|Location:||MIT Lincoln Laboratory, 3 Forbes Road, Lexington, MA 02420|
|Dinner Reservation Deadline:||April 17, 2017 @ 6pm|
Quantum limits of optical imaging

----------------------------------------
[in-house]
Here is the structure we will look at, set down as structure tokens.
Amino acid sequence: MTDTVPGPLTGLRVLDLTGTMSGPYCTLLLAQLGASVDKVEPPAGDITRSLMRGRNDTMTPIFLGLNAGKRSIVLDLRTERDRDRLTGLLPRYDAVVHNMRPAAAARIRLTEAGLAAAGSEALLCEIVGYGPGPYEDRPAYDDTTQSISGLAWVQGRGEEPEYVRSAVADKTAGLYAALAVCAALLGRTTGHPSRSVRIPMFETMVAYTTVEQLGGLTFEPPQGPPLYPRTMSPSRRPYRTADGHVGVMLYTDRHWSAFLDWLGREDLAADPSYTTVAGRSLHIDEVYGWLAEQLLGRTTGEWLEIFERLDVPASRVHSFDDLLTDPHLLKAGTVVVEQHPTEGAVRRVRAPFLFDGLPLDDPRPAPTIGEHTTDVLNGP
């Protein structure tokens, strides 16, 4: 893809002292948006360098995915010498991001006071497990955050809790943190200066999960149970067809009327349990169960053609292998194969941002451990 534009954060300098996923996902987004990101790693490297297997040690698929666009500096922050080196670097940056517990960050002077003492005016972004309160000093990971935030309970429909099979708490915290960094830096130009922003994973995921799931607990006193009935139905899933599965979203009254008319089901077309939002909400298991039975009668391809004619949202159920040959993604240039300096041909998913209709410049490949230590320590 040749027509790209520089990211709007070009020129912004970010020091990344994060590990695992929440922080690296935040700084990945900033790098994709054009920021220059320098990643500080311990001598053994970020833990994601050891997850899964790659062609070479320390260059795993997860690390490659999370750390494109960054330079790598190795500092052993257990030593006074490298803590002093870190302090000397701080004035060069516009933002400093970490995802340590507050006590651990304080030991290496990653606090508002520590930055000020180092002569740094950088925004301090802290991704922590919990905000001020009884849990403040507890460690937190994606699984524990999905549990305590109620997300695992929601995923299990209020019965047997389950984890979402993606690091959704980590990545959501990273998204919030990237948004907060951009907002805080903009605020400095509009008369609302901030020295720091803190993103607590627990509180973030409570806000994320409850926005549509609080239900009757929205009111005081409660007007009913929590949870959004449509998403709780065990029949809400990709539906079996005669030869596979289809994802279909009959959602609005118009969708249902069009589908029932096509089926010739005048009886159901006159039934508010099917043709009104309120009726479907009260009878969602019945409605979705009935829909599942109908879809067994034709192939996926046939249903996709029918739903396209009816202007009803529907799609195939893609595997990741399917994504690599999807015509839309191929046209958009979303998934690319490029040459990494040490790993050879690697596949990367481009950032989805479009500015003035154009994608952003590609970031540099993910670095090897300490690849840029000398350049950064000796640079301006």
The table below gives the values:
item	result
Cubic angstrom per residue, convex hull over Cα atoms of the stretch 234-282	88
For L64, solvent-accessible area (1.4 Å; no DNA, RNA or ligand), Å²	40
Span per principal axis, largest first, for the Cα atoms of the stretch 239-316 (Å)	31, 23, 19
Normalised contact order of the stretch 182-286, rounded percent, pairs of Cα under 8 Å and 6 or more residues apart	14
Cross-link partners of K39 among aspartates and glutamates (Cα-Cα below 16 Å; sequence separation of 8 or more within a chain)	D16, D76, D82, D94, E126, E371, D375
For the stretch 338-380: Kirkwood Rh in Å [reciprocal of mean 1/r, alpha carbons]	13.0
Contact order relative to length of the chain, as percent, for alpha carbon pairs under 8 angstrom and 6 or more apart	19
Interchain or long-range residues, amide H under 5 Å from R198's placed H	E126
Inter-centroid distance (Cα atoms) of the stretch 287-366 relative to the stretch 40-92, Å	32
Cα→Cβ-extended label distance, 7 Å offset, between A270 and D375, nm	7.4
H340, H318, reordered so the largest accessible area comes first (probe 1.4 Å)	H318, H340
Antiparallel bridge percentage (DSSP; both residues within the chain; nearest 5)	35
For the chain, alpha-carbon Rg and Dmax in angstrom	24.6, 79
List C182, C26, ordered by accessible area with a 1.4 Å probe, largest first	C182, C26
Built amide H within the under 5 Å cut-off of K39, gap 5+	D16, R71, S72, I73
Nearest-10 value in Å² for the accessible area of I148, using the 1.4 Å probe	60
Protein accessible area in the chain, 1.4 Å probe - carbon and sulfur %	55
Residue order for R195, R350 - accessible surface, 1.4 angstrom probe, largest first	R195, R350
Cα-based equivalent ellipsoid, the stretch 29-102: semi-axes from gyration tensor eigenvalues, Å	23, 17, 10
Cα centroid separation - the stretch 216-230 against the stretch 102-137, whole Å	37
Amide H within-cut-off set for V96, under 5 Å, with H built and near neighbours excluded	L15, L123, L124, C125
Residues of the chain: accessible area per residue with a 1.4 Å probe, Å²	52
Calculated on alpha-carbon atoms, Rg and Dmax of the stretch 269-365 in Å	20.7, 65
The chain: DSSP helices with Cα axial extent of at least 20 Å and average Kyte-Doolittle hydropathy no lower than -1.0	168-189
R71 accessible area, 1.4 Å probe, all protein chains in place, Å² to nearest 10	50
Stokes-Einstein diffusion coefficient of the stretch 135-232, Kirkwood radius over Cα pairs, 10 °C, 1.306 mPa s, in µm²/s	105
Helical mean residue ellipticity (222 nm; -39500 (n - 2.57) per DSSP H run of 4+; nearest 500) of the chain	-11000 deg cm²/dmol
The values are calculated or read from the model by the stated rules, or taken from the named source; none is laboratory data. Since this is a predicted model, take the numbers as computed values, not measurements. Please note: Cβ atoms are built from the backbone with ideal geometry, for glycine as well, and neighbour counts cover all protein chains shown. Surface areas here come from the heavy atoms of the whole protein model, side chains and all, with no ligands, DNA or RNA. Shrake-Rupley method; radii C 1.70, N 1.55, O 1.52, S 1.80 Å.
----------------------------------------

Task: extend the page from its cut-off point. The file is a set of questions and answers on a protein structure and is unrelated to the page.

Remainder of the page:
The fundamental limits of optical information processing — be it the maximum rate of reliable communications, resolution of an optical imager, or the computational power of an optical computer — are ultimately governed by the laws of quantum mechanics. Most conventional systems, which do not exploit the manifestly quantum effects of light, are limited to performance inferior to these limits. In this talk, I will discuss a few simple illustrative problems in active and passive optical imaging, where exploiting quantum effects — either by using quantum illumination of the scene, or by employing non-standard all-optical pre-detection processing locally at the receiver (or both) — can yield improved performance over a classical imager that uses the same transmit power and optical bandwidth. I will discuss general characteristics of imaging scenarios where quantum improvements can be expected to be had, and the respective natures of enhancements in imaging performance. I will conclude with some theoretical open problems and photonic-device challenges that will need addressing to realize the aforesaid enhancements.